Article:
The Big Broadcast of 1938

The Big Broadcast of 1938 is a Paramount Pictures musical comedy film featuring W. C. Fields and Bob Hope.[2] Directed by Mitchell Leisen, the film is the last in a series of Big Broadcast movies that were variety show anthologies. This film featured the debut of Hope's signature song, "Thanks for the Memory" by Ralph Rainger.

The Big Broadcast of 1938
Promotional poster for release of
The Big Broadcast of 1938
Directed byMitchell Leisen
Produced byHarlan Thompson
Written byFrederick Hazlitt Brennan
Russel Crouse
Walter DeLeon
Ken Englund
Howard Lindsay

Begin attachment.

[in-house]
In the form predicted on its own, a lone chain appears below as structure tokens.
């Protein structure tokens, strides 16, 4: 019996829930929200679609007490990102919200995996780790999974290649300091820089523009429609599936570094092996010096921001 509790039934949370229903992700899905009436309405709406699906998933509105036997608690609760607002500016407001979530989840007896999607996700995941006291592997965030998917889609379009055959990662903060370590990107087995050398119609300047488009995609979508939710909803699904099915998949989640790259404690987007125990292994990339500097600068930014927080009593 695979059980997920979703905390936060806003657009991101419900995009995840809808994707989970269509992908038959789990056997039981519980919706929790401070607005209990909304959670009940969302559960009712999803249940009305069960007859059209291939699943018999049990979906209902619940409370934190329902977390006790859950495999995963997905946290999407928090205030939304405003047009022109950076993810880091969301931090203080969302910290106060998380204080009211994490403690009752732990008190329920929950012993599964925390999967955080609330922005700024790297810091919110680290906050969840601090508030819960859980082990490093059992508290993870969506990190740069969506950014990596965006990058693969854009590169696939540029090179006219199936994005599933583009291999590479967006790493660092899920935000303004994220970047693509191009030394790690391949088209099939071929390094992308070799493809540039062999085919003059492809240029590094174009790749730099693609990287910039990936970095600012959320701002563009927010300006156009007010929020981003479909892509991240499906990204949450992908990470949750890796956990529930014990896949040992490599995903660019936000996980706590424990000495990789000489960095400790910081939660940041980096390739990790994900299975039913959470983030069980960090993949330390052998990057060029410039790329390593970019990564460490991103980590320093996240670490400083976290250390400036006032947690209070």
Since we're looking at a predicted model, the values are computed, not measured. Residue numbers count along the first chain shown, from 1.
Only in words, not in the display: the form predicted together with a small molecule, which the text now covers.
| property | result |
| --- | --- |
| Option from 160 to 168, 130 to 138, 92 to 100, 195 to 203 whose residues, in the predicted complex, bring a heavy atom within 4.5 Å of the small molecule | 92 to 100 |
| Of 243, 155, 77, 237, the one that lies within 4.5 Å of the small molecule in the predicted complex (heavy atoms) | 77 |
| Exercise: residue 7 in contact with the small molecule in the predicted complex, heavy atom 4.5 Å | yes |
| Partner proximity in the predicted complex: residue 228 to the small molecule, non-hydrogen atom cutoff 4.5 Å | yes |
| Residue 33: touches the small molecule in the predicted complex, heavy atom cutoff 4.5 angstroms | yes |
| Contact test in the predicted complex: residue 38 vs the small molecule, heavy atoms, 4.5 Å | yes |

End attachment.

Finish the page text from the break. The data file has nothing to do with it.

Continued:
Francis Martin
StarringW. C. Fields
Martha Raye
Dorothy Lamour
Shirley Ross
Lynne Overman
Ben Blue
Bob Hope
Leif Erickson
Kirsten Flagstad
Music byBoris Morros
(musical direction)[1]
Edited byEda Warren
Chandler House
Distributed byParamount Pictures
Release date
  • February 11, 1938 (1938-02-11)
CountryUnited States


In what is being billed as "The Race of the Ages," the new forty-million-dollar “radio powered” Streamlined Ocean Liner S.S. Gigantic (“America’s Challenge for Crossing Record”) is about to race its rival, the slightly smaller S.S. Colossal across the Atlantic from New York’s Pier 97 to Cherbourg in two-and-a-half days. Gigantic owner T. Frothingill “T.F.” Bellows (W. C. Fields) intends to send his nearly identical younger brother S.B. (also Fields) to sail aboard the Colossal, hoping he will cause trouble and sabotage the rival ship, enabling the Gigantic and his own Bellows Line to win.